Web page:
Chapter 3


28th October 1981

Dear Mom, Dad, Soph & Spence

I’m sorry I’m a bit tardy in writing, but you know how it is – my diary is so full these days, what with panto rehearsals, socialising, Rackhams and learning to be self-sufficient.

Thank you again so much for the beautiful birthday cards, my birthday meal and the lovely glasses. No more swigging wine out of mugs! Tell Nan she needn’t worry about me ‘drinking too much,’ though. I’m a student – it’s practically the law. Besides, I’m of Crabb stock – I can handle it! We’re hardy wenches (you’re possibly right about me picking up a hint of a Black Country twang and turn of phrase since I met Mel).

In answer to your question, no I got nothing from Gareth. I don’t see him so much these days. We’re cooling things for a while. He’s off hither and thither since
Business with Pleasure got to number one.

Flat-dwelling is proving to be great fun, though my friends have their own foibles and habits that can grate. Nelson never stops dancing. I have visions of him whirling so uncontrollably one of these days that he’ll plummet through the floorboards, spinning through mid air like a drill bit, sending clouds of sawdust flying into the air. And he’s permanently ‘on stage.’ He can’t just walk into a room, he has to pirouette in and strike a camp pose up against the door.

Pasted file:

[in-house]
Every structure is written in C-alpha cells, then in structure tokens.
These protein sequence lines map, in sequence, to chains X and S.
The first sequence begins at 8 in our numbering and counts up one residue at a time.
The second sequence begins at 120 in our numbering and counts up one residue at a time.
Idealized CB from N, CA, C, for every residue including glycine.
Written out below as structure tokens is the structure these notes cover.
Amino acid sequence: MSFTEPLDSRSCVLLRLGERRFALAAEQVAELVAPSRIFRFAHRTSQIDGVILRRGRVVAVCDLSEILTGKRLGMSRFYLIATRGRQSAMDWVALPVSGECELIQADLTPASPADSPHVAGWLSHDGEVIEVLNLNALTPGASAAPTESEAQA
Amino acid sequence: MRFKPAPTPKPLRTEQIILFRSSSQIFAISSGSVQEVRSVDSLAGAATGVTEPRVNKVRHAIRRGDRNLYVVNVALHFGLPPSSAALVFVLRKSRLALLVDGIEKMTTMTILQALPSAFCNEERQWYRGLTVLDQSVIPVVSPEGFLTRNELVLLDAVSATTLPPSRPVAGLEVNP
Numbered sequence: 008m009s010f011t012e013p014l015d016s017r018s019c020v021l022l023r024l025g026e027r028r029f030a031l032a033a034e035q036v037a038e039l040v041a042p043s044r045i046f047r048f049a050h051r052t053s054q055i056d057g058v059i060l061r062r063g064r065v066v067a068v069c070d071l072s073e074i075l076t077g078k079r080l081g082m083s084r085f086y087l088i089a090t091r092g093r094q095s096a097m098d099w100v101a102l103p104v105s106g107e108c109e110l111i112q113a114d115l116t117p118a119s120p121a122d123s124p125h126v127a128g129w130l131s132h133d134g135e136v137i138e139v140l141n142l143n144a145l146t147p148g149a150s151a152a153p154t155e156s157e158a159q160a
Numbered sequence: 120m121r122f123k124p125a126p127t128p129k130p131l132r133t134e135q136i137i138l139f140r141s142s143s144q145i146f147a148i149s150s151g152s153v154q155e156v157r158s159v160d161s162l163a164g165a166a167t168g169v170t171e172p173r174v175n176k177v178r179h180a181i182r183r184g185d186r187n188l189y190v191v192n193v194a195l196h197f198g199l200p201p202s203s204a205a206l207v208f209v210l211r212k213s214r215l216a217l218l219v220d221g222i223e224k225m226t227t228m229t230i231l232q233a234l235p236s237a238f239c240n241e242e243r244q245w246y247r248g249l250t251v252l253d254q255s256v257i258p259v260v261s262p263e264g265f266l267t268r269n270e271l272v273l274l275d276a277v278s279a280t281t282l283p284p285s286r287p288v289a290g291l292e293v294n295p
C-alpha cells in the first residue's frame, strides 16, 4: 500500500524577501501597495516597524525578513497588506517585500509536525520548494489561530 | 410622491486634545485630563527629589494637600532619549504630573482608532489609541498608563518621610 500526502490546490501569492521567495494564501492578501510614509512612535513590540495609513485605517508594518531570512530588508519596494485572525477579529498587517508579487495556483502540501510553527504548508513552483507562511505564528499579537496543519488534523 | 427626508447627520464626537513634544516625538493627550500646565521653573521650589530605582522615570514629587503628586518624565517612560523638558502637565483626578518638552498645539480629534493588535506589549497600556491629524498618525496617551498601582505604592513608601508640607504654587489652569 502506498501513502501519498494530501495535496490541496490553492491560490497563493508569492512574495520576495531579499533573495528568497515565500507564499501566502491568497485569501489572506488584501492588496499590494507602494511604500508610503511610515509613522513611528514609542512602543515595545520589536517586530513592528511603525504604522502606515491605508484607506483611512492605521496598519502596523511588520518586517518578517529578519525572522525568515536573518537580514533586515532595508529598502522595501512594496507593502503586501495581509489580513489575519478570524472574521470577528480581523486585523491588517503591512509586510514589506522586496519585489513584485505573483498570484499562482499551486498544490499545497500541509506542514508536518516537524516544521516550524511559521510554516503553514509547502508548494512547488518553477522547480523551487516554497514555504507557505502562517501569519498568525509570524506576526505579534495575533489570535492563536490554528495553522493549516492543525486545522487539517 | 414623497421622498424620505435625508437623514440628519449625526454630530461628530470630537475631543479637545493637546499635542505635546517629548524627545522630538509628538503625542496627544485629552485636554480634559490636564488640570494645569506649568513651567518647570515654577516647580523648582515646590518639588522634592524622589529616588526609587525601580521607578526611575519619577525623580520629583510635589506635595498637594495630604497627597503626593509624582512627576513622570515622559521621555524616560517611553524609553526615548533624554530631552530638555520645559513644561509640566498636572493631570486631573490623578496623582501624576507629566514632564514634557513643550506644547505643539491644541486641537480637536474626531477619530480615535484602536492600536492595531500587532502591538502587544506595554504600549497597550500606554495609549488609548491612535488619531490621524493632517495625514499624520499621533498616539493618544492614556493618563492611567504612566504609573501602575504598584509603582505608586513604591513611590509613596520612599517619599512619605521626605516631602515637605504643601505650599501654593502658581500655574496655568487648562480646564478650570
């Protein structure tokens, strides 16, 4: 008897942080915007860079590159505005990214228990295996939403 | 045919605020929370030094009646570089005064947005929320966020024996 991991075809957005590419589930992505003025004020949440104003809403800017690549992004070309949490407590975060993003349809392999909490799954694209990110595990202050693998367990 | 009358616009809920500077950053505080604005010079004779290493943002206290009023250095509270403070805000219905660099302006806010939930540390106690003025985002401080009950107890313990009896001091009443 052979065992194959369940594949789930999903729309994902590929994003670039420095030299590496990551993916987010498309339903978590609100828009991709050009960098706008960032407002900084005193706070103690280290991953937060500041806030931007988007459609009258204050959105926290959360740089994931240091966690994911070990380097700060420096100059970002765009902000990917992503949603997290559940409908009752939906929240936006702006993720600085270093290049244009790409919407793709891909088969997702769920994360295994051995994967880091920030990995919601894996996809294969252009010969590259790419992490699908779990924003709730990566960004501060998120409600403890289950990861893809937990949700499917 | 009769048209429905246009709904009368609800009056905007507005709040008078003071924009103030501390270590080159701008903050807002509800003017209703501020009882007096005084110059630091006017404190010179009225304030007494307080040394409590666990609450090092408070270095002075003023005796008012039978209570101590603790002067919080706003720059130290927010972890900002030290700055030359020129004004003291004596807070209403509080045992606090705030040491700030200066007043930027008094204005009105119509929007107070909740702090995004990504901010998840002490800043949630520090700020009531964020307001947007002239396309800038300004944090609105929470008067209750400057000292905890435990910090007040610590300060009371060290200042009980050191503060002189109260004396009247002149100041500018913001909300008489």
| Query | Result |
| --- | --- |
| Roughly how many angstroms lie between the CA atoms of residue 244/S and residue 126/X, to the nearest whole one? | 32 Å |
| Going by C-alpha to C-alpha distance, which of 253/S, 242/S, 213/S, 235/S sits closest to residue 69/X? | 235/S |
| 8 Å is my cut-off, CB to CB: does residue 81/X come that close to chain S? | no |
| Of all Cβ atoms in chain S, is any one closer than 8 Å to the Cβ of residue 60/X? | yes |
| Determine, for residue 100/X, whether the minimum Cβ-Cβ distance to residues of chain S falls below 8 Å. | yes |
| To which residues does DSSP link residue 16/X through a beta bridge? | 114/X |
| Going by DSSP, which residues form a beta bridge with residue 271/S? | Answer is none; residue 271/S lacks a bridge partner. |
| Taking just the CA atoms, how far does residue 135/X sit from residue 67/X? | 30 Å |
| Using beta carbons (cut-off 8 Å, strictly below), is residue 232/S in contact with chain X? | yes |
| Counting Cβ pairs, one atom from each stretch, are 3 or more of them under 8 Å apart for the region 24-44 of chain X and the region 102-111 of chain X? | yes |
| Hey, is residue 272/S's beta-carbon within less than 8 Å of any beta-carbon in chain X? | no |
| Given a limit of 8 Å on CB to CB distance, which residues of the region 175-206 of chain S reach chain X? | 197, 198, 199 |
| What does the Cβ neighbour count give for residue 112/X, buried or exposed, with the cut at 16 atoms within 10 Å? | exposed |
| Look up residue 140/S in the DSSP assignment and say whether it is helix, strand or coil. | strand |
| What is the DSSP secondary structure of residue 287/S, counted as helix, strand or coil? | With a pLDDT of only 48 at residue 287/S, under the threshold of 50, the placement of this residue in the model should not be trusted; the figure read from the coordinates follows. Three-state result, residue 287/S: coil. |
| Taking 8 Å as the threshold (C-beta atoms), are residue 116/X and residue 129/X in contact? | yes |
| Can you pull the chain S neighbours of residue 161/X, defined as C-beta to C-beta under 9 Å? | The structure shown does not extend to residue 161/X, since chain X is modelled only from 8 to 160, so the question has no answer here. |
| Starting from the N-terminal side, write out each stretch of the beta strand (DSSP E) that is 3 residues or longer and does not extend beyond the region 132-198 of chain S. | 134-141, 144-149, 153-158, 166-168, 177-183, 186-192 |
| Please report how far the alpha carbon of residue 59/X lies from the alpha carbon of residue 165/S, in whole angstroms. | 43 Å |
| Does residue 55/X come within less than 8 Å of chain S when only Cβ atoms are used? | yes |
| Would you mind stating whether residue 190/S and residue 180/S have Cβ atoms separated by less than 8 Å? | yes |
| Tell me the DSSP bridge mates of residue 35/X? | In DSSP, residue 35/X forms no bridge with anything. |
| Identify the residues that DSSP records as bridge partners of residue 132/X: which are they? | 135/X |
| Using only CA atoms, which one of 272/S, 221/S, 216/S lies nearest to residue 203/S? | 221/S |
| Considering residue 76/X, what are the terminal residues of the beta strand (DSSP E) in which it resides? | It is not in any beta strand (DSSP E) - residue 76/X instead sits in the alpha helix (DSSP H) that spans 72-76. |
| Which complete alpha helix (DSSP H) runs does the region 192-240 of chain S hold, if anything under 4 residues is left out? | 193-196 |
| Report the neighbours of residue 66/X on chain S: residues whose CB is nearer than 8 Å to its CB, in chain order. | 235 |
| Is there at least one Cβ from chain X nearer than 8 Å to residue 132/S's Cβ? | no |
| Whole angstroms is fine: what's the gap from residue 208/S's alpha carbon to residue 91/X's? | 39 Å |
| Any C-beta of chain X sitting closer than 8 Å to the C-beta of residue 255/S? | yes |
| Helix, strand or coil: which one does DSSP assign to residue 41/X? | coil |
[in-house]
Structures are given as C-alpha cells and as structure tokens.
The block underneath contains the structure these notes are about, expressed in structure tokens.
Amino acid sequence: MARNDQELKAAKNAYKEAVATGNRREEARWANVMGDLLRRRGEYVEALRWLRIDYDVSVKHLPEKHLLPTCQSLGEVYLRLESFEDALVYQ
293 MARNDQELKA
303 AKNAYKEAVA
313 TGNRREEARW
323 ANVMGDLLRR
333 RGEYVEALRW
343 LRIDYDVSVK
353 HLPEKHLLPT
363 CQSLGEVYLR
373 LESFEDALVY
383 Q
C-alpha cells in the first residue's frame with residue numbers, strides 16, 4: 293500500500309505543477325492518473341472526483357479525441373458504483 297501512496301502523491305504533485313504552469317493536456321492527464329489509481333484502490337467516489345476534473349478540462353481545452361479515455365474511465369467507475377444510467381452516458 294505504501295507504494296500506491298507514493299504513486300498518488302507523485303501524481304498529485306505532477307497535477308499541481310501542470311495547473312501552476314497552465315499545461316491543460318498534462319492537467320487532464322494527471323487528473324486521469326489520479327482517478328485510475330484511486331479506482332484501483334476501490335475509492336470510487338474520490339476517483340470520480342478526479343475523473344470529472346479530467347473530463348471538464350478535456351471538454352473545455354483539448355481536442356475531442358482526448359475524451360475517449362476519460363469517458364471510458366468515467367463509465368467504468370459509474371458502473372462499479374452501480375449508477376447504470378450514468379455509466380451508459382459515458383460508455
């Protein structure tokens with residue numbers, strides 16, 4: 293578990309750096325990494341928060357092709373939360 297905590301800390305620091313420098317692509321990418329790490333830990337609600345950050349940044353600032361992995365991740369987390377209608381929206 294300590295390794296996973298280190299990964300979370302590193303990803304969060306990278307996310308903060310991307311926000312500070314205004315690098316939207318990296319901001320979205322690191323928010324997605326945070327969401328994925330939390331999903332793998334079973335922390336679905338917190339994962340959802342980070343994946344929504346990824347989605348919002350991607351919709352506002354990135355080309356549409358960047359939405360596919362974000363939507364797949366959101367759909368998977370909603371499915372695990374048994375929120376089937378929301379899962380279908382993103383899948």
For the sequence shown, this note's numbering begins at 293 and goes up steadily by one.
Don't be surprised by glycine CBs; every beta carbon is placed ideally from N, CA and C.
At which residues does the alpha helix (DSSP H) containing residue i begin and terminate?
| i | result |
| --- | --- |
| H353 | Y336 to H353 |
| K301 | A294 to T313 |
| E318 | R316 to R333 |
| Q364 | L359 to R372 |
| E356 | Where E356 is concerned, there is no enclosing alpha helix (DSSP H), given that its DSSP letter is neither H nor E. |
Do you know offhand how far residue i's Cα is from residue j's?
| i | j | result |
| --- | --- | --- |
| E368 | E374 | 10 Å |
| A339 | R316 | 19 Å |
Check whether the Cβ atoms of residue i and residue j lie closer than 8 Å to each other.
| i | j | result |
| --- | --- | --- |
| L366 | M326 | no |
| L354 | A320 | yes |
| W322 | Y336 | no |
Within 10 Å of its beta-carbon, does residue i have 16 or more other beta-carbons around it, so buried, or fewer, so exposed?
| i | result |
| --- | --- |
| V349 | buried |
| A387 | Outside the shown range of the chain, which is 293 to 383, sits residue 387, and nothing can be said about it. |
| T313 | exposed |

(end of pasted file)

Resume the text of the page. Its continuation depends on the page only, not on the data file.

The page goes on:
Mel hogs the bathroom. Every morning I’m hammering on that door with my loofah, and by the time he emerges the water is cold.

Linda lives on pickled onions. She wolfs her way through whole jars of those great crunchy ones the size of tennis balls. The whole flat reeks of vinegar. And once she’s scoffed the jar she lets out one of those awful throaty burps you hear in pubs.

But for all that I love them all!!!

You still coming for dinner? Week on Friday still OK for you all? We’ve got Blue Nun in the fridge, and I’m going to set up a sweet trolley, just like we used to get in Guernsey every evening. I was fascinated by that as a kid, wasn’t I? The cake slice and the can of squirty cream! We’ve got all that! Doilies and all!!

I promise my cooking has really come on, with practice. I’ve progressed from perpetual Pot Noodles.